A puppy but not, a dog
A Boot but not, a shoe
The floor but, not the house.
A screen, but not the window
Teeth but not smiles
An earring, but not a necklace.
The words do not have to correspond. The object of the game is for the people that does not know the trick, to figure out why only things can go through the doors. Back to Top
29. Screaming Toes
Here’s a video overview. Start the game with everyone looking at their feet. When “Heads Up” is called, everyone looks up and stares at someone else in the circle.
If that person is staring right back at you, then you scream real loud and jump back out of the circle.
If the person you’re looking at is not looking at you, put your head back down and wait for the next round.
Keep going until there are two players remaining. Guaranteed fun time! Back to Top
30. Drop it, Catch it
Get your group to stand in a circle all facing the center.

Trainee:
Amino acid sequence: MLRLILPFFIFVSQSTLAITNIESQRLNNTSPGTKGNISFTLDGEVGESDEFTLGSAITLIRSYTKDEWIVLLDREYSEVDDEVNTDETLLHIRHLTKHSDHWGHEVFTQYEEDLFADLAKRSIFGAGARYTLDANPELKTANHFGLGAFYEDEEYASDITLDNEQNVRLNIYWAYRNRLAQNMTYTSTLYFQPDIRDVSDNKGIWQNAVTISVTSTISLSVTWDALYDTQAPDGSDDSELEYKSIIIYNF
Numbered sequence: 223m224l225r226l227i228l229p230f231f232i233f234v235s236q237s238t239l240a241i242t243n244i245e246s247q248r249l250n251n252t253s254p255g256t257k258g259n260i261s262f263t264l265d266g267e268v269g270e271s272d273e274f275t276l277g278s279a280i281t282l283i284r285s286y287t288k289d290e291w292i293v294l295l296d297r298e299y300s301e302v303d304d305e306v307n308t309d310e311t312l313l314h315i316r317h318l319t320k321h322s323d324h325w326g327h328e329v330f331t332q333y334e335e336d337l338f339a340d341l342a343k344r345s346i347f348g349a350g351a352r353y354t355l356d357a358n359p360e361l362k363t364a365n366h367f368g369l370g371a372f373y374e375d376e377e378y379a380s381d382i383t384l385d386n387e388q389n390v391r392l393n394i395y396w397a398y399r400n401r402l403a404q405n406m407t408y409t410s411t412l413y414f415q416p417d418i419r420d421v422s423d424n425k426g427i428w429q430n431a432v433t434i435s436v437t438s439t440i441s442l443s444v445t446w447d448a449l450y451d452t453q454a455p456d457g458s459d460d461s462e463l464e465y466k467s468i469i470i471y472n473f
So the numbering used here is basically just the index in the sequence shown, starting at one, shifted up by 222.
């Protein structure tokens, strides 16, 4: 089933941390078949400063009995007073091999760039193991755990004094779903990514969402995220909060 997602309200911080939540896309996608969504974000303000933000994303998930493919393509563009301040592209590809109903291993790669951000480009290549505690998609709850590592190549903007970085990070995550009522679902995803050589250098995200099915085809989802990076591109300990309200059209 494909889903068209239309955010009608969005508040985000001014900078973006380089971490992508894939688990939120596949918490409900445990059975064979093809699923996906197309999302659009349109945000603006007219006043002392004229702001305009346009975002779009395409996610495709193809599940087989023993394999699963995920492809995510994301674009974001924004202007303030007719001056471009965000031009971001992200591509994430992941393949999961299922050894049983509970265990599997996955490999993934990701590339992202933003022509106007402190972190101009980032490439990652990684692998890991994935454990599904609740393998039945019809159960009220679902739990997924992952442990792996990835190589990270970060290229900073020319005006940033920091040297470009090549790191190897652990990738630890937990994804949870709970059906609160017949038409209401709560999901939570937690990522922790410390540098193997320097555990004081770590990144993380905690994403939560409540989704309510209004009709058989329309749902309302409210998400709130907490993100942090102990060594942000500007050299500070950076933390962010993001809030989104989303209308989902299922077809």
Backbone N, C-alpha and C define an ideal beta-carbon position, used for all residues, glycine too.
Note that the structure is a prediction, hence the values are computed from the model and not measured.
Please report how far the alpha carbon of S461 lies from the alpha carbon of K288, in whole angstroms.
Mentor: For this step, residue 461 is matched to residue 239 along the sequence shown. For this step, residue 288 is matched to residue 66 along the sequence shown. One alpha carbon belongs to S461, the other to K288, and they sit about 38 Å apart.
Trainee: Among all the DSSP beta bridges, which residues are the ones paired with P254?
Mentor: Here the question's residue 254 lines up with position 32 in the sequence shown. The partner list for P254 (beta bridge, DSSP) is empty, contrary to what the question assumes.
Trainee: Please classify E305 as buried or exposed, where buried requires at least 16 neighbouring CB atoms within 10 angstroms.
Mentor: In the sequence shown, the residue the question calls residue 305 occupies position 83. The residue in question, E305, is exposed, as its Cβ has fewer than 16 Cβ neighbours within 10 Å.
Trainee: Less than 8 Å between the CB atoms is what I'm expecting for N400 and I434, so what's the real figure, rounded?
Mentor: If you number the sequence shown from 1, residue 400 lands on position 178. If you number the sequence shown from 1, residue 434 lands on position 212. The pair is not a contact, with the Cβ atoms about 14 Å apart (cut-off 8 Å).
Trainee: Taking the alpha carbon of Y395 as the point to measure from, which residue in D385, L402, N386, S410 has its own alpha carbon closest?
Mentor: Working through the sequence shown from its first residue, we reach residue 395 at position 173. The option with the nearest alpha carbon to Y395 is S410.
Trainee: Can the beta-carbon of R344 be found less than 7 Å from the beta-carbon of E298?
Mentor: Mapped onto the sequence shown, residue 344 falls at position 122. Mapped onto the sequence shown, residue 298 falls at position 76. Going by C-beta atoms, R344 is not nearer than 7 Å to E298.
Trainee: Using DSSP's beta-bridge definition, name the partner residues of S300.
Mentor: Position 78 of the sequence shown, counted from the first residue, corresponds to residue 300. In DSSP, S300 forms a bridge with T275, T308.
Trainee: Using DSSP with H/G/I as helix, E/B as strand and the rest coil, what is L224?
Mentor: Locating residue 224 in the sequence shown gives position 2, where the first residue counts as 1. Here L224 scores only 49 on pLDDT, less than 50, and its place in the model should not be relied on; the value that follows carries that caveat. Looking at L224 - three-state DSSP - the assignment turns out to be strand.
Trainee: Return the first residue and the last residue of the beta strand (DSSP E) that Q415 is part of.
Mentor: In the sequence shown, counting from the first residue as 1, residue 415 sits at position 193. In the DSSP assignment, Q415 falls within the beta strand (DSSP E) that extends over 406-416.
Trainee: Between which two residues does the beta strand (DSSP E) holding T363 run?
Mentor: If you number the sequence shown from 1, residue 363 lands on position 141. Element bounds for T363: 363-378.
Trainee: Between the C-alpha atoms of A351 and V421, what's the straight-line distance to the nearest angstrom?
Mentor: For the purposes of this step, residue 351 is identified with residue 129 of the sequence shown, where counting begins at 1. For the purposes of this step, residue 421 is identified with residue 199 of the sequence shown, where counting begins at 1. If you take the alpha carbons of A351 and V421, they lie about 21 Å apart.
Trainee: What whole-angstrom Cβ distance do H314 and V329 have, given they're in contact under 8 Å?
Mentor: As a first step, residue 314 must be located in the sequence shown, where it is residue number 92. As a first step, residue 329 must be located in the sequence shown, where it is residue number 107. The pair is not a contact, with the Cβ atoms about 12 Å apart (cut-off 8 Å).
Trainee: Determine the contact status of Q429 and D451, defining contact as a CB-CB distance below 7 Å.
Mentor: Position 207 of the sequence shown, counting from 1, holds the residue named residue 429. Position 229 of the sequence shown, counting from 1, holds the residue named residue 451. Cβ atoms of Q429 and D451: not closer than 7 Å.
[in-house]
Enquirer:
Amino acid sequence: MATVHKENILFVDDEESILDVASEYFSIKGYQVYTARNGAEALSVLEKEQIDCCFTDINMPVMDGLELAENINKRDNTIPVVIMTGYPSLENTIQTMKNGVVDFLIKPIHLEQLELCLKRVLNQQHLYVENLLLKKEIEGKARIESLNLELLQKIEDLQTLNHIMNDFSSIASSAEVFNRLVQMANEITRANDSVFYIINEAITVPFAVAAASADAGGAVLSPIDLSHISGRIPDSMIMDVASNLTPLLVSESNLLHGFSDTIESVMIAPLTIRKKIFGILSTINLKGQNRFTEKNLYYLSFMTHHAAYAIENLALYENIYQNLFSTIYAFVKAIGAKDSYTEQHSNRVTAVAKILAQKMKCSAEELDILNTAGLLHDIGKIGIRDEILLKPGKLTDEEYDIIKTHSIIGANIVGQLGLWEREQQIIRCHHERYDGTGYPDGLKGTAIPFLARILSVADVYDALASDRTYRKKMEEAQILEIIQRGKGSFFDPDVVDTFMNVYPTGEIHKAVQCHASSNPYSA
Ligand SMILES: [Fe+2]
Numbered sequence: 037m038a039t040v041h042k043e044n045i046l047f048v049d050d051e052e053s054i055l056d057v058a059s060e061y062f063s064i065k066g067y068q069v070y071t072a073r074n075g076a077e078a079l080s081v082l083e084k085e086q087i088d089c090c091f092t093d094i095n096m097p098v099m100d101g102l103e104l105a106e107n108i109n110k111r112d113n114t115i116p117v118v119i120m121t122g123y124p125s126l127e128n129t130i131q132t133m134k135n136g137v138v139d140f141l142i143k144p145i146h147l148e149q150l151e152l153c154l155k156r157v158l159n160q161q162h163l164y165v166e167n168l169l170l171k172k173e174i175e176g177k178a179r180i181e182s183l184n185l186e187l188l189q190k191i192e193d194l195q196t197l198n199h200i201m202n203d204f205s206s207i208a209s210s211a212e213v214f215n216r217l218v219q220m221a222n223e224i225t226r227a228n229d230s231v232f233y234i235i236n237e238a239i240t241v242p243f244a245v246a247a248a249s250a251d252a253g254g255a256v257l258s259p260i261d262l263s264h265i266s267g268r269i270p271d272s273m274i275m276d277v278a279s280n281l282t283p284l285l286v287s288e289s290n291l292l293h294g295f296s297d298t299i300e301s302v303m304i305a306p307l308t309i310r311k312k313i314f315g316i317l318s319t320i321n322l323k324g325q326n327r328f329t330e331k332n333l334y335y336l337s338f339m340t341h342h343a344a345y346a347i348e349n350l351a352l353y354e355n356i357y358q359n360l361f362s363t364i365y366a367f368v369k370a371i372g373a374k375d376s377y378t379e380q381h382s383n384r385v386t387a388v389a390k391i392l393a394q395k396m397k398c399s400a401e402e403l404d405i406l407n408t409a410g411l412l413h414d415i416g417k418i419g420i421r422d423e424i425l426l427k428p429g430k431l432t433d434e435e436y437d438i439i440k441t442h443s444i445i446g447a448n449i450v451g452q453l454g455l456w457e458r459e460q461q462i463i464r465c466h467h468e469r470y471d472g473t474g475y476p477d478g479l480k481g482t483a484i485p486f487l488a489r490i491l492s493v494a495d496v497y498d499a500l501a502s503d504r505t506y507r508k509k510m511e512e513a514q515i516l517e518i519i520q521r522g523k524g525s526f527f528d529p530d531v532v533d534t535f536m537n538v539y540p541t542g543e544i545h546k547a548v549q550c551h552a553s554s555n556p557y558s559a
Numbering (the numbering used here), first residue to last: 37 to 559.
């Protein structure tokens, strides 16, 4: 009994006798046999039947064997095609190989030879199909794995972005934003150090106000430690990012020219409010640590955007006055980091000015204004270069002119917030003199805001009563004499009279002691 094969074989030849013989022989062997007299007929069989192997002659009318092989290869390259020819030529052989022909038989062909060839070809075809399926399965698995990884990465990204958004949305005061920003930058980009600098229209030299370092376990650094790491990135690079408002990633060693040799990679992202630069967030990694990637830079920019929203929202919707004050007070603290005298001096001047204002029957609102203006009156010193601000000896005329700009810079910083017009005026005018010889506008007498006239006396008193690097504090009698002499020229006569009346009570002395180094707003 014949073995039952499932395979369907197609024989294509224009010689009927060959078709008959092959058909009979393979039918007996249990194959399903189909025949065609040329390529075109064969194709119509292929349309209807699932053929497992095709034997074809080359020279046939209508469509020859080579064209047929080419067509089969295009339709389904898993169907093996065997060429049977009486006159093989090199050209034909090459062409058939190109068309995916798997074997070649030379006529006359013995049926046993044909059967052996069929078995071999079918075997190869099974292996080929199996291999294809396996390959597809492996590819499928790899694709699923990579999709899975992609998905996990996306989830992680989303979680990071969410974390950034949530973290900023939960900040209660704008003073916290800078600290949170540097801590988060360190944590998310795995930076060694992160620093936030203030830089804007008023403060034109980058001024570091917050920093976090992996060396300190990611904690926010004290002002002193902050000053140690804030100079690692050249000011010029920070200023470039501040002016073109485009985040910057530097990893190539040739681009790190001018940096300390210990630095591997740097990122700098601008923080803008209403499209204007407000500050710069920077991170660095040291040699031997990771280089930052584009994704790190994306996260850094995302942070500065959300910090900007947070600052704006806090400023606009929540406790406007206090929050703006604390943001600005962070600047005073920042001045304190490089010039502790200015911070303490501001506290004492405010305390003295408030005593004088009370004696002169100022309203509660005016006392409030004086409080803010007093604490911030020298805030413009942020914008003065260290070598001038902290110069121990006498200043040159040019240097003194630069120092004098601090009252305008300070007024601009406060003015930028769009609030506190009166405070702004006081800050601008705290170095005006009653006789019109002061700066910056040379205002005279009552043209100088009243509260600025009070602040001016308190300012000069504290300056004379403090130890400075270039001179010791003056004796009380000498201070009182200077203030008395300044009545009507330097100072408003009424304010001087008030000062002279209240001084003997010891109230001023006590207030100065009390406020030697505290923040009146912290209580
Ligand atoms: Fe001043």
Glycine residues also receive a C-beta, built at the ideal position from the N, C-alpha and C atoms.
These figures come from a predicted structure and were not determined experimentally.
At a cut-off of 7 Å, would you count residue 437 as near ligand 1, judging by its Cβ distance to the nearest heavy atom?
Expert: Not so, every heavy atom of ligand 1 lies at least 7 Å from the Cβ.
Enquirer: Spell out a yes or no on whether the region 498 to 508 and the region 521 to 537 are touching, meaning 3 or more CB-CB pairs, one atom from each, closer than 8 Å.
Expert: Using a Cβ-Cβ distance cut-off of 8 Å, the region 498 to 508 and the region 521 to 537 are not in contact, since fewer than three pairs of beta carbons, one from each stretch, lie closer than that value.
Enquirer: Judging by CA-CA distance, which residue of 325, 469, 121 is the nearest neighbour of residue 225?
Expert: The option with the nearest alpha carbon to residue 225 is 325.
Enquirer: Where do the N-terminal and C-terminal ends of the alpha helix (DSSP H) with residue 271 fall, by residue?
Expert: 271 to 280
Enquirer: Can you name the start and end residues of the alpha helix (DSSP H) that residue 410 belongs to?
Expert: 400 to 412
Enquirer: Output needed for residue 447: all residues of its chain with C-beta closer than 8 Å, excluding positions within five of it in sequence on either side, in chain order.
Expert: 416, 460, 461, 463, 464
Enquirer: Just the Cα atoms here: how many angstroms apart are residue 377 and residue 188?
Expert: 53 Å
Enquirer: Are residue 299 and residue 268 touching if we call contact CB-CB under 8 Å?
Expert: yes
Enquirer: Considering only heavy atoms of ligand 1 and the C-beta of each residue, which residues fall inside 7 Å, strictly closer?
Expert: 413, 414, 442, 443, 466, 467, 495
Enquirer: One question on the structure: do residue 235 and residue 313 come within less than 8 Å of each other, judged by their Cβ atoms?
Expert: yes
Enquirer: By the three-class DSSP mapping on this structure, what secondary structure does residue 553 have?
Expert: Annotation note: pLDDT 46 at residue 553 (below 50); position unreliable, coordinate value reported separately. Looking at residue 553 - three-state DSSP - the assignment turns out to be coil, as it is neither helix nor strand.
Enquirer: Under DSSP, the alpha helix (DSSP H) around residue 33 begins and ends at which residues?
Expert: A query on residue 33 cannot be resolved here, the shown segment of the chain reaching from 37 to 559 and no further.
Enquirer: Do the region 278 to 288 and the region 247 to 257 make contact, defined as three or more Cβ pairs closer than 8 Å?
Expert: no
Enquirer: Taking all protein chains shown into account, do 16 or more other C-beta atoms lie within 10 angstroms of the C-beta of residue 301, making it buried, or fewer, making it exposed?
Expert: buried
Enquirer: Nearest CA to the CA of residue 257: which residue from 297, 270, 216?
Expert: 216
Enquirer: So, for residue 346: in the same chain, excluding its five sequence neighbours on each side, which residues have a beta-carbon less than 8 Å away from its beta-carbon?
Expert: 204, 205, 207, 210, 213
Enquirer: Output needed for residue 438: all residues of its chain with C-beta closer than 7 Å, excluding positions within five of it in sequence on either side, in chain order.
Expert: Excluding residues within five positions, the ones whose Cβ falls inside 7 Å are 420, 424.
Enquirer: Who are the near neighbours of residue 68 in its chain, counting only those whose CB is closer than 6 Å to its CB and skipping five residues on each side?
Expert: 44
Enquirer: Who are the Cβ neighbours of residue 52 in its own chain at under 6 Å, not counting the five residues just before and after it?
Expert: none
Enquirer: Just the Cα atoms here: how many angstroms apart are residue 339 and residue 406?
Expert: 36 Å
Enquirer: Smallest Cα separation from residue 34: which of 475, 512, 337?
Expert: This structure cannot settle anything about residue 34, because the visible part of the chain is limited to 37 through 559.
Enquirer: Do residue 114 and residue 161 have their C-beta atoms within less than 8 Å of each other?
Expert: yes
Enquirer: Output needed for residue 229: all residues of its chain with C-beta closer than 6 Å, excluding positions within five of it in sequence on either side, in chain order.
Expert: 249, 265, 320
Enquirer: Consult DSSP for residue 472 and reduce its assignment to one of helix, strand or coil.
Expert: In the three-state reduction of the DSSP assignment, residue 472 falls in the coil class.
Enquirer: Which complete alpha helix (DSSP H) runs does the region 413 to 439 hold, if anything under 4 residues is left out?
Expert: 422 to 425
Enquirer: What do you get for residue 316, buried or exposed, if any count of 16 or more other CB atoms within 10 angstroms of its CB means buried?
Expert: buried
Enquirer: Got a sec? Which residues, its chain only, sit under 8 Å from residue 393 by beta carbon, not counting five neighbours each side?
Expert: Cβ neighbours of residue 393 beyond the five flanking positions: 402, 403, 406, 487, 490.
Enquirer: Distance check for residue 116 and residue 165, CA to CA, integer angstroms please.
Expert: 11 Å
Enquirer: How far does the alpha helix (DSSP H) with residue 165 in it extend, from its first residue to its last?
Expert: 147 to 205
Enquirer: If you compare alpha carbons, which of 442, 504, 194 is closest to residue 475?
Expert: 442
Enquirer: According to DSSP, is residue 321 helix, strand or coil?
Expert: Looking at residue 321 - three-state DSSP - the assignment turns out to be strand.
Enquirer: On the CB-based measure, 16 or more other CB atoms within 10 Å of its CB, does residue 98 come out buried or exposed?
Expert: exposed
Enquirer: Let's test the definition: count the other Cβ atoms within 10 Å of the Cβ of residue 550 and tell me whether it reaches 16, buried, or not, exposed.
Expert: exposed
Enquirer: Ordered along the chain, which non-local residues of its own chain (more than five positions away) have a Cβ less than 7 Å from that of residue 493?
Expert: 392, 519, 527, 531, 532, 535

Have them spread out arms length.
One person is in the middle with a ball and passes it back and forth to the other players surrounding them.
The player in the middle with the ball must say “drop it” or “catch it” before tossing the ball to one of the players.
The player then must do the opposite of what is being told to them.
If the player in the center says “drop it”, then the other player must catch it and vice versa. If they do the wrong motion, they must switch places with the person in the middle. Back to Top
31. Grandma’s Underpants
One person is “it” and all the kids sit in a circle and the “it” stands in the middle.
The kids on the outside of the circle ask them a question and the only thing the “it” can say is “My grandma’s under pants.”
The kid on the outside of the circle that makes the “it” laugh or smile takes the spot in the middle. Sample questions: 1) What is your favorite flavor of ice cream? 2) Where are we going on vacation? 3) What’s in your lunch? Back to Top
Water Games & Races
32. Sponge Relay Race